AAA of Northern California predicts more than 5.3 million people in the Golden State plan to travel 50 miles or more form home this Thanksgiving holiday. That’s 4.1 percent more than last year.
Of the travelers, more than 4.5 million plan to reach their destination by automobile, also up 4.1 percent over 2010 turkey day holiday road warriors.
If you plan to be among the driving masses, here are some tips from Caltrans, the CHP and AAA on saving gas, money and lives:
- Drive as close to the speed limit as possible. Each 5 mph driven over 60 mph means an extra 24 cents per gallon of gas is being siphoned out of your gas tank. Using cruise control to maintain a steady speed, as well as using overdrive gears, helps take the pressure off your foot and save gas.
- Reduce your speed when driving in the early morning hours wherever there may be black ice, particularly near bridges, underpasses and low or shaded areas. Also, slow down when you see Caltrans workers, law enforcement and tow truck drivers are working on the side of the road.
- Keep your cool in traffic. Aggressive driving techniques such as speeding, swerving and sudden acceleration and braking, lowers gas mileage by 33 percent on highways and 5 percent on city streets. Revving engines while stopped is wasteful, as well.
- Ease off the air conditioner, which can be a drain on gas, in stop and go traffic. Roll down your windows instead. However, when the pace is picked up above 55 mph, open windows make our vehicle less aerodynamic, increases air resistance and decreases fuel efficiency. On long road trips, using air conditioning can improve gas mileage by up to 20 percent.
- Don’t idle. Newer vehicles need only about one minute to “warm up.” Anything beyond that is a waste of gas. Sitting idle contributes to ground-level ozone and near-surface air pollution, which aggravates asthma and hindered breathing in otherwise healthy people, especially children and the elderly.
- Stay current on auto repairs, including tune ups, oil changes and tire inflation. Keeping a vehicle in tune can improve its efficiency by an average of 4 percent, while serious problems that go unchecked, such as a faulty oxygen sensor, can reduce your gas mileage by up to 40 percent. Meanwhile, oil changes every three months or 3,000 miles and properly inflated tires bump fuel efficiency. And for safety’s sake, make sure your brakes and windshield wiper blades are in good condition, as well as inspect your head and tail lights to ensure you have maximum visibility on the highway.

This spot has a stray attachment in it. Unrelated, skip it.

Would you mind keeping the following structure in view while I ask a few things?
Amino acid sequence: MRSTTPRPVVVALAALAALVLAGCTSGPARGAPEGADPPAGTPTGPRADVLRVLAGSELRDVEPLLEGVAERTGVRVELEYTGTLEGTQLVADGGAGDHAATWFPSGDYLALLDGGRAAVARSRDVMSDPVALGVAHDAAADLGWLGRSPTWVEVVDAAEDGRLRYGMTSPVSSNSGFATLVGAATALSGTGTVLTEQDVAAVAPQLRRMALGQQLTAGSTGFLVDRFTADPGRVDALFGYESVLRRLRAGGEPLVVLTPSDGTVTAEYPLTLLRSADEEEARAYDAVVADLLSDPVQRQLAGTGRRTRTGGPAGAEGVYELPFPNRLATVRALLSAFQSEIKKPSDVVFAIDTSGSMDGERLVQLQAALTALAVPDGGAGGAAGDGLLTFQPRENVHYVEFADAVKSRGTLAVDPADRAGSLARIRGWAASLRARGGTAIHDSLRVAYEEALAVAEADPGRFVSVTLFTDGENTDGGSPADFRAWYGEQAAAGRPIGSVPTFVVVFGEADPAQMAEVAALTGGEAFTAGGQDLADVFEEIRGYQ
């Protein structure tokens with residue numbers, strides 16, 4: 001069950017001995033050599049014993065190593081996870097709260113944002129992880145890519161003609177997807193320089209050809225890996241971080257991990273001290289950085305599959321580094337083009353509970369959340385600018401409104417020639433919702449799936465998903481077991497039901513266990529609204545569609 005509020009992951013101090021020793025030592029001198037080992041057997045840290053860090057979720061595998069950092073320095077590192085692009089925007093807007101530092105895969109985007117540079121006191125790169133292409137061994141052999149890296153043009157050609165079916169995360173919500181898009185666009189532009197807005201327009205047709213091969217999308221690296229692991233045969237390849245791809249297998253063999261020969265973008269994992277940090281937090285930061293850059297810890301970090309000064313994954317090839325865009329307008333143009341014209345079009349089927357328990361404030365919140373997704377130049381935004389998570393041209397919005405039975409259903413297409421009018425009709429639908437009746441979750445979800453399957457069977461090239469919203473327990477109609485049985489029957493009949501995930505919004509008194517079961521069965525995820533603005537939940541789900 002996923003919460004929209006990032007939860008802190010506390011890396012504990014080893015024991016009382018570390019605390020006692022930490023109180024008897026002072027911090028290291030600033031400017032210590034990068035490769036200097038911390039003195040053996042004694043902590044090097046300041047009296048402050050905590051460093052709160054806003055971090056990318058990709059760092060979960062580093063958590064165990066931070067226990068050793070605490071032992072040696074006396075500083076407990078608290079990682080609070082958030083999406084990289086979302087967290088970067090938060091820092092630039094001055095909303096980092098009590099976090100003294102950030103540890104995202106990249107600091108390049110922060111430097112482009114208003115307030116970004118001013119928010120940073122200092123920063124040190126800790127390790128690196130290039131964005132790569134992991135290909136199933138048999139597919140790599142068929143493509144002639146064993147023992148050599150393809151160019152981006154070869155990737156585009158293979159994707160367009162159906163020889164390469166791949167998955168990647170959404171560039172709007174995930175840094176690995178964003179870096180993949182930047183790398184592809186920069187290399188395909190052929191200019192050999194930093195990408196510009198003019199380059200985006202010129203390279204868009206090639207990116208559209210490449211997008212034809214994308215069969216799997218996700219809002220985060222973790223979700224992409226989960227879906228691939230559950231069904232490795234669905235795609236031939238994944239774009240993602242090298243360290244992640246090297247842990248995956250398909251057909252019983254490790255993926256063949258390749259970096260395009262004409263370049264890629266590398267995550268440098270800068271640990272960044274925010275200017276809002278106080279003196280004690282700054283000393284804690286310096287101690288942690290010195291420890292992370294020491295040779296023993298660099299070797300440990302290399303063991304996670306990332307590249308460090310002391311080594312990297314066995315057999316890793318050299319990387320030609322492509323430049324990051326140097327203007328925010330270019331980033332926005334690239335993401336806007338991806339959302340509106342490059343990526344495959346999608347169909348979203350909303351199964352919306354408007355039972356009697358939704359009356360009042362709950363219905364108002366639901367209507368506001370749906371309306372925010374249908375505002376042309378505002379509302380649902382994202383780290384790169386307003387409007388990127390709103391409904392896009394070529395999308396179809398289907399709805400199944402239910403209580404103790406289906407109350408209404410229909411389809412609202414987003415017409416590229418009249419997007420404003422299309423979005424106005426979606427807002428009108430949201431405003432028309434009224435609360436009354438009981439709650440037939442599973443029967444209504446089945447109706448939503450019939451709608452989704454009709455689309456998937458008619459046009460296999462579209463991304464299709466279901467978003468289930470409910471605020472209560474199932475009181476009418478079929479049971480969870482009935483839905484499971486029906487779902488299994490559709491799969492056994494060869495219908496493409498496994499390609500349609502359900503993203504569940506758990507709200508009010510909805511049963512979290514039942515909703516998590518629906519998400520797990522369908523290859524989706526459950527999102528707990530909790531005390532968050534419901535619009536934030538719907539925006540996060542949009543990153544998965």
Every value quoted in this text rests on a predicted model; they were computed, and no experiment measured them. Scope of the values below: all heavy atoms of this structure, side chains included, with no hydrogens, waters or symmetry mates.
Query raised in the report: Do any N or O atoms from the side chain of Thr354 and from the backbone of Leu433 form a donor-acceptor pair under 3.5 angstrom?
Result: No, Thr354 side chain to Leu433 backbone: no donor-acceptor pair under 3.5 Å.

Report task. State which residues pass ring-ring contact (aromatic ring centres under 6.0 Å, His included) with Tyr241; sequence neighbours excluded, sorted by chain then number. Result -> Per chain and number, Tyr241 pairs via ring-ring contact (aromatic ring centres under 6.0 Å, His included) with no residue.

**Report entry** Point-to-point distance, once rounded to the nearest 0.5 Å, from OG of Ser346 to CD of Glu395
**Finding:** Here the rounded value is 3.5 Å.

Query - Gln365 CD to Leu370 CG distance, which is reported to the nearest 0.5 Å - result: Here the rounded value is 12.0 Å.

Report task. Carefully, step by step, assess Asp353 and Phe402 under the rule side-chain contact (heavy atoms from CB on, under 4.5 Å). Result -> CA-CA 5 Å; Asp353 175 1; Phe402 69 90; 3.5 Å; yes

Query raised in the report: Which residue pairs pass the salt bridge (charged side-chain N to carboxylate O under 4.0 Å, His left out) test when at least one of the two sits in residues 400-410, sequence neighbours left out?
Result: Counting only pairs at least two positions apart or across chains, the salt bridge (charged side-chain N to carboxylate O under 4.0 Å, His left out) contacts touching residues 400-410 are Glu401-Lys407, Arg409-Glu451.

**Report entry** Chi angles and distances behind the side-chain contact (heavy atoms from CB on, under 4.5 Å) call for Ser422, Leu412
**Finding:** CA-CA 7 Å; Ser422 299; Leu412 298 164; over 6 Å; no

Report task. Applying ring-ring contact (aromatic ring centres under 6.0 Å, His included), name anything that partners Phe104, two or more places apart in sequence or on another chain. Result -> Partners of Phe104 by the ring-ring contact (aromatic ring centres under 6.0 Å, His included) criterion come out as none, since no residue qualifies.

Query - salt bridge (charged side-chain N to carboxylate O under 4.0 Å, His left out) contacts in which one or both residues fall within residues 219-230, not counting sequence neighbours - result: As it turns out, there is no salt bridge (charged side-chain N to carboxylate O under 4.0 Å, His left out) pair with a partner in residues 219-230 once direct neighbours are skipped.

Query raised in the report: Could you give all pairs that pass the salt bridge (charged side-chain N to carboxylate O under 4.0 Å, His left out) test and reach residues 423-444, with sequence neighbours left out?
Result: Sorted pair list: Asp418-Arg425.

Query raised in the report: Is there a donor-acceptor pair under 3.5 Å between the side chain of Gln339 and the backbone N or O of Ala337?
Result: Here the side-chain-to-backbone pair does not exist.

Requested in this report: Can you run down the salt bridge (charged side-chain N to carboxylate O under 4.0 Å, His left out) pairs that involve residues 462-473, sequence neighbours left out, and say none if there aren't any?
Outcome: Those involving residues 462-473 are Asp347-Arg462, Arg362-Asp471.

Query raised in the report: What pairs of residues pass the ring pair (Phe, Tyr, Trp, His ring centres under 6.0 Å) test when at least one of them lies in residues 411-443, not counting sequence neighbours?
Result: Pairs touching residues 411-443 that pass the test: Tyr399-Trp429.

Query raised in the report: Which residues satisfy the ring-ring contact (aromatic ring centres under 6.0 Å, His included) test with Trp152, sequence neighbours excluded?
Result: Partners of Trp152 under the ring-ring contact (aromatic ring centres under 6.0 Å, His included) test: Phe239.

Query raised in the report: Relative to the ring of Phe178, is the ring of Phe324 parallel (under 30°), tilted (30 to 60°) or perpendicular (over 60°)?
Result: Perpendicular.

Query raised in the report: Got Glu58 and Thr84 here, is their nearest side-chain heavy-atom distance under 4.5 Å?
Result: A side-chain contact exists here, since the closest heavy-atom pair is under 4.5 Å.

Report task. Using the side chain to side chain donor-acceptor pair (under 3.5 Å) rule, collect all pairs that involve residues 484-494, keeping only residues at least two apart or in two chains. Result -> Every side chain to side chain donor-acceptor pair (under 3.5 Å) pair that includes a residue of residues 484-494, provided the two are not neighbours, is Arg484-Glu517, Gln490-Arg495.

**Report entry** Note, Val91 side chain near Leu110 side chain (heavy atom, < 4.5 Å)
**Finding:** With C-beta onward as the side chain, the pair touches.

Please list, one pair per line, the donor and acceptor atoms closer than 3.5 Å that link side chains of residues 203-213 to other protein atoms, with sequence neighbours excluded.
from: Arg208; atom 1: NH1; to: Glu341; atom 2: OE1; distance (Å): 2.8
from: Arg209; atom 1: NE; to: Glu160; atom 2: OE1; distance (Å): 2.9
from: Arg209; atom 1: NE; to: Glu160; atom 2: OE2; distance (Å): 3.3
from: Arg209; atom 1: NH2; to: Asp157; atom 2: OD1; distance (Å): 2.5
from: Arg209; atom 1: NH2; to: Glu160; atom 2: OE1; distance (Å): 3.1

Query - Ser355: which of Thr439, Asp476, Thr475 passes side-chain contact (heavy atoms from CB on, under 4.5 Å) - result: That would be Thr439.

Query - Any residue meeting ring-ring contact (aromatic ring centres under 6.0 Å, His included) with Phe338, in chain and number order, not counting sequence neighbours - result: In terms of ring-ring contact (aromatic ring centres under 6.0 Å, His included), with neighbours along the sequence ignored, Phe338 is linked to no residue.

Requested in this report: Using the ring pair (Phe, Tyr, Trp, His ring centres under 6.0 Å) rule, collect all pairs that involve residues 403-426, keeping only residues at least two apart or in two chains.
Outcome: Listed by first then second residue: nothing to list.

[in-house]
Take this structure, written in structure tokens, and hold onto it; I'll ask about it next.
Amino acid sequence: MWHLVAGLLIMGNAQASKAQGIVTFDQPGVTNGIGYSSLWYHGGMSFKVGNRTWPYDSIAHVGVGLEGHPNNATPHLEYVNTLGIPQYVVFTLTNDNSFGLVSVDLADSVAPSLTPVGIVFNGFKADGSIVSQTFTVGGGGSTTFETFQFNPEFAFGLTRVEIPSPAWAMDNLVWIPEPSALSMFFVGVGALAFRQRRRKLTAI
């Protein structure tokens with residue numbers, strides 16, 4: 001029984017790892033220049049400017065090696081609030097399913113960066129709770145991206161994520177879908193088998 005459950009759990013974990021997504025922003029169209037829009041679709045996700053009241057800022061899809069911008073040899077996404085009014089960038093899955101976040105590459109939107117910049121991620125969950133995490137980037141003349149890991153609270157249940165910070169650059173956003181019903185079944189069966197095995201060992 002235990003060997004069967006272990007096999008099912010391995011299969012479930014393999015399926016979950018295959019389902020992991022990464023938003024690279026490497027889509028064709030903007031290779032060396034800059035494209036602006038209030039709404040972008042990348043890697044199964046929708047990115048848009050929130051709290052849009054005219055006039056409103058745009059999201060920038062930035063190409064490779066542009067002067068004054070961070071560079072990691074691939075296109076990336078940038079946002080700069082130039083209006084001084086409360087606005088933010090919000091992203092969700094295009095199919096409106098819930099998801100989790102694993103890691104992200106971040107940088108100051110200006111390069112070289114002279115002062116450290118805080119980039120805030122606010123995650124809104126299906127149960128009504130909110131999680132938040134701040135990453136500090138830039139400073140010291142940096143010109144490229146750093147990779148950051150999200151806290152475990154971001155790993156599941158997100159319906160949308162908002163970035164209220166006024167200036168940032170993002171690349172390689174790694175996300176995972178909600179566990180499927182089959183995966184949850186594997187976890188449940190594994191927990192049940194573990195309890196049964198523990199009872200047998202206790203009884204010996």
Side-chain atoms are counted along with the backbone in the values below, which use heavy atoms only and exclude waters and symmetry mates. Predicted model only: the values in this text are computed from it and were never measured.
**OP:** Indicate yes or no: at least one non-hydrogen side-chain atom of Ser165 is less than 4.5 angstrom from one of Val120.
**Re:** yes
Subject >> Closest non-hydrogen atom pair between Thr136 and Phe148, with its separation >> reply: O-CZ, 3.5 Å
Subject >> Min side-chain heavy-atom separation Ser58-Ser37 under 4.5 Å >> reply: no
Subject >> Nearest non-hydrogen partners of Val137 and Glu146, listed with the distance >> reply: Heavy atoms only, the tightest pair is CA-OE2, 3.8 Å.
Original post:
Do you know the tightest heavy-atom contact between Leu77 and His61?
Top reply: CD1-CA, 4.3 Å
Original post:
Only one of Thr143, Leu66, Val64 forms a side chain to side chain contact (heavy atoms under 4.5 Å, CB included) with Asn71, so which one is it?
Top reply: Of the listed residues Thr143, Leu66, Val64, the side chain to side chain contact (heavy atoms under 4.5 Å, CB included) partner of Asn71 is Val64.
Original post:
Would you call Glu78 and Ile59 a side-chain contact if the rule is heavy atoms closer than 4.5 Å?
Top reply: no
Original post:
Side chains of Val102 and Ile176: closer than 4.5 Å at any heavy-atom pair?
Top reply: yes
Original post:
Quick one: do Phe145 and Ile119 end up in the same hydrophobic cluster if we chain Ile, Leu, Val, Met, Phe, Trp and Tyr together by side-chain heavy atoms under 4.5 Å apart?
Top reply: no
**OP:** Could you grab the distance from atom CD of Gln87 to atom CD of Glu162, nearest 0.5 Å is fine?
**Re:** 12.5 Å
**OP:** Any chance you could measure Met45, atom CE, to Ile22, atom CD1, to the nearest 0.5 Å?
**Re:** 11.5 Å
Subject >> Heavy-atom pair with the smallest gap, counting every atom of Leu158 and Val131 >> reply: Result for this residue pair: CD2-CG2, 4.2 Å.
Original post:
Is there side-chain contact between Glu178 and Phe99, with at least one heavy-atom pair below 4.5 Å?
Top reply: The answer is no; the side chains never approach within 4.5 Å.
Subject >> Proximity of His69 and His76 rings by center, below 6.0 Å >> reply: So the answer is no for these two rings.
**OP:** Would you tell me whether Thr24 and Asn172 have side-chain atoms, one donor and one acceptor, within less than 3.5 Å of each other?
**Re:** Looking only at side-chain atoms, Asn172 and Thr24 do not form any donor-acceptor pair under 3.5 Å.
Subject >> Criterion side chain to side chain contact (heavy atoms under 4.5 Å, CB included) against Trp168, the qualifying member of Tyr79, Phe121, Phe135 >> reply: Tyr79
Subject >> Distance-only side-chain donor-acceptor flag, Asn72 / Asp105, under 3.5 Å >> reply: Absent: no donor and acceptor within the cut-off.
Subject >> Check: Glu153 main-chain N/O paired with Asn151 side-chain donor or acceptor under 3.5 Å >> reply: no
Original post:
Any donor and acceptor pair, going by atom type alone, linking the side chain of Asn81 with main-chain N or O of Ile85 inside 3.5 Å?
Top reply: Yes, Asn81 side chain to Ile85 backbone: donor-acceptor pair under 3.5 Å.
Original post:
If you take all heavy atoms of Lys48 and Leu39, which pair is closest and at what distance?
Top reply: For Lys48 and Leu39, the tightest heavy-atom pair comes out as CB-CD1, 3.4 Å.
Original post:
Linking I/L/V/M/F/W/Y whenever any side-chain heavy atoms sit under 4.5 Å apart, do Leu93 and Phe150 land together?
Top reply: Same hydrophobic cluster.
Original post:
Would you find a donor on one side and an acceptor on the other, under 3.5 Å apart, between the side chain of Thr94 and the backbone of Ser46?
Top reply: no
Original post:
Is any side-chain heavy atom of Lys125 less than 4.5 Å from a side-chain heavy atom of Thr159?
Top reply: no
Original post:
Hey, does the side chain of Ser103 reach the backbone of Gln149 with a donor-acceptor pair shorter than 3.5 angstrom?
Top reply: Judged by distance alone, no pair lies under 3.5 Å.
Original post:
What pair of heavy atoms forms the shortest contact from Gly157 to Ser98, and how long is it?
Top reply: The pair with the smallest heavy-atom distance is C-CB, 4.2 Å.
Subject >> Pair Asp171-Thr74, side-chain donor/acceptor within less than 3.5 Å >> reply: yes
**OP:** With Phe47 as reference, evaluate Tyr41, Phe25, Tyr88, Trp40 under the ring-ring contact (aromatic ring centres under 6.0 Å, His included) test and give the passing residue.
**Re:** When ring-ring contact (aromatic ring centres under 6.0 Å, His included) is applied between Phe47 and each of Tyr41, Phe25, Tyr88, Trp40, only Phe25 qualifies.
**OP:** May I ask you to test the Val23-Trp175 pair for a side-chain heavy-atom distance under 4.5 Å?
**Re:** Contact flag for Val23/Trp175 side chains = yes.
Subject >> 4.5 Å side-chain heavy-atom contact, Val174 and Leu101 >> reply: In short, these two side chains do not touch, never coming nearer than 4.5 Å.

- Travel light. Two percent more gas is burned for every extra 100 pounds of baggage, no matter how big your ride is.
- Make the grade. Following the vehicle manufacturer’s recommendations found in the owner’s manual for motor oil can boost your mileage by up to two percent, while using the proper grade of gas can save hundreds of dollars annually.
- Cap it tightly. A properly capped gas tank will prevent gas from evaporating from your vehicle’s gas tank. Fuel evaporation is bad for your car, your wallet and your lungs. If your gas cap fits loose or its thread is stripped, buy a new one.
- Stay informed about road conditions by watching out for electronic message boards and other road signs with information on changing road conditions, lane closures or detours. Perhaps, have a passenger check roadside traffic cameras on their mobile device at http://video.dot.ca.gov/. Travelers also can call (800) GAS-ROAD for current road conditions on highways statewide.
- Caltrans has its crews, snow plows and sand trucks ready to respond to storms that may hit the state’s highway system this weekend. No regularly scheduled road work will take place through 8 p.m. Monday, Nov. 28.
- To report road hazards, call 911.
- Carpool, take mass transit, bike, or walk to your destination if possible. Alternative transportation saves money, improves your personal health and helps the planet by keeping greenhouse gases in check.